Many white Americans like to believe the United States is a country with a level playing field, where everyone has a fair chance of making it. But a recent Bloomberg article states that race has a lot to do with your economic success. Bloomberg gathered data from economists at the Federal Reserve Bank of St. Louis. Writer Victoria Stilwell also posed the question: Would it be possible to calculate the odds of being a millionaire for anyone in the U.S., based on age, education and race?
The economists, who had already conducted extensive research on the subject, found that race plays a significant role in an individual’s earning power.
“It’s a false narrative to say race doesn’t matter in the United States,” said William Emmons, a senior economic adviser at the St. Louis Fed. “It demonstrably does in the results we keep coming upon.”
The bank researchers found that a middle-aged, college educated Asian had a 22.3 percent chance of being a millionaire. Whites had a 21.5 percent chance, Hispanics a 6.8 percent chance and Blacks had a 6.4 percent chance of being a millionaire.
The researchers found education increases an individual’s earning potential. But they also found that a college education only increased a Black person’s chances of becoming a millionaire by 1 percent.
Interestingly enough, the economists found that a white high school graduate had about the same odds of being a millionaire as a middle-aged, Black graduate degree holder. This is not new information. Many studies have showed that Black people who possess degrees from top-notch universities still have high levels of unemployment. White high school graduates have better employment rates than Black college graduates. This calls into question the value of expensive college degrees. If Blacks are spending small fortunes on college education and not improving their job prospects, they maybe looking at things the wrong way.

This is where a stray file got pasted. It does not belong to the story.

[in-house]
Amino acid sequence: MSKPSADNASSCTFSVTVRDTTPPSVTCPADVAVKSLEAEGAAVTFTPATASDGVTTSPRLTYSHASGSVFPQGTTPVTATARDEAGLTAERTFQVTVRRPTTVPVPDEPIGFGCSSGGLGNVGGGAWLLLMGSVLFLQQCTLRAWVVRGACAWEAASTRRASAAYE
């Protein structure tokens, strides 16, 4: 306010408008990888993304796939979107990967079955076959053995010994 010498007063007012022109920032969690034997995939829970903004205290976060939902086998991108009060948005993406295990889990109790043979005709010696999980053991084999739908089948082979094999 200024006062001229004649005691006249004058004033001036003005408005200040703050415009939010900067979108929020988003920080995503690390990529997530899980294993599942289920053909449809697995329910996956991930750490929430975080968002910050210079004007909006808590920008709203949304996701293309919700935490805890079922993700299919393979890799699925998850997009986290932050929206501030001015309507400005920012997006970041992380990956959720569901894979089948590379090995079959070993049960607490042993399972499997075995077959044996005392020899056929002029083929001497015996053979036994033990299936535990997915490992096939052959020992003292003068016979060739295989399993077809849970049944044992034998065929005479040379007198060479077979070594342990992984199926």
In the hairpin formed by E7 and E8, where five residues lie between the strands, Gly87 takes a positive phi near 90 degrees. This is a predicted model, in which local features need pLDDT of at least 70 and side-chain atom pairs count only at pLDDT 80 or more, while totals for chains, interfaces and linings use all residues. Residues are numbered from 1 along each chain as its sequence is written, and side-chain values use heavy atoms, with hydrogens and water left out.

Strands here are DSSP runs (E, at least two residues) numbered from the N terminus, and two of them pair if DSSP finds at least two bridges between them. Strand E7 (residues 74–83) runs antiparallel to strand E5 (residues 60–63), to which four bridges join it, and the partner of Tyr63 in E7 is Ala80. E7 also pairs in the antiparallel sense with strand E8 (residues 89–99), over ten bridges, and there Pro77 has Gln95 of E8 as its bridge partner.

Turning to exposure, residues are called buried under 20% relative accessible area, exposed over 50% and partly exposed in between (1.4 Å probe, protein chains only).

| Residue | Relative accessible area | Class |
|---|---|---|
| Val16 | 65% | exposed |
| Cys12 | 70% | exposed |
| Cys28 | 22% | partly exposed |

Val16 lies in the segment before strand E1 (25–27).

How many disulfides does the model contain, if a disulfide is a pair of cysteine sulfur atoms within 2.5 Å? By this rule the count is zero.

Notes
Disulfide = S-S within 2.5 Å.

Former finance professor Dr. Boyce Watkins encourages Black people not to get caught up in the “corporate plantation” and create their own businesses.
“We have to get rid of the lie which says that going to school will guarantee a black man a good job,” said Watkins on his website Financial Juneteeth. ”The right kind of education is valuable, but you’re still going to be Black.”
Many other Americans are beginning to question the value and cost of college education. According to U.S. News & World Report, a study of 2,000 graduates found more than half believed recent college graduates will see lower returns on their education investment than 10-15 years ago.
Emmons said that while the information might be depressingly familiar, it is still useful. He said it was important lawmakers understand the underlying issues if they are going to pass policies to address inequality.
“A lot of what people talk about as responses to inequality of this sort or that sort— they’re probably not going to make much difference given that these underlying factors seem to be so powerful,” Emmons said.
He added that the research shattered the myth of everyone starting out equal.
“We all come out in the birth lottery with different endowments,” Emmons said. “Starting from that point, what can you do to move yourself in a direction you’ll be happy with? That’s what we’re really trying to get at.”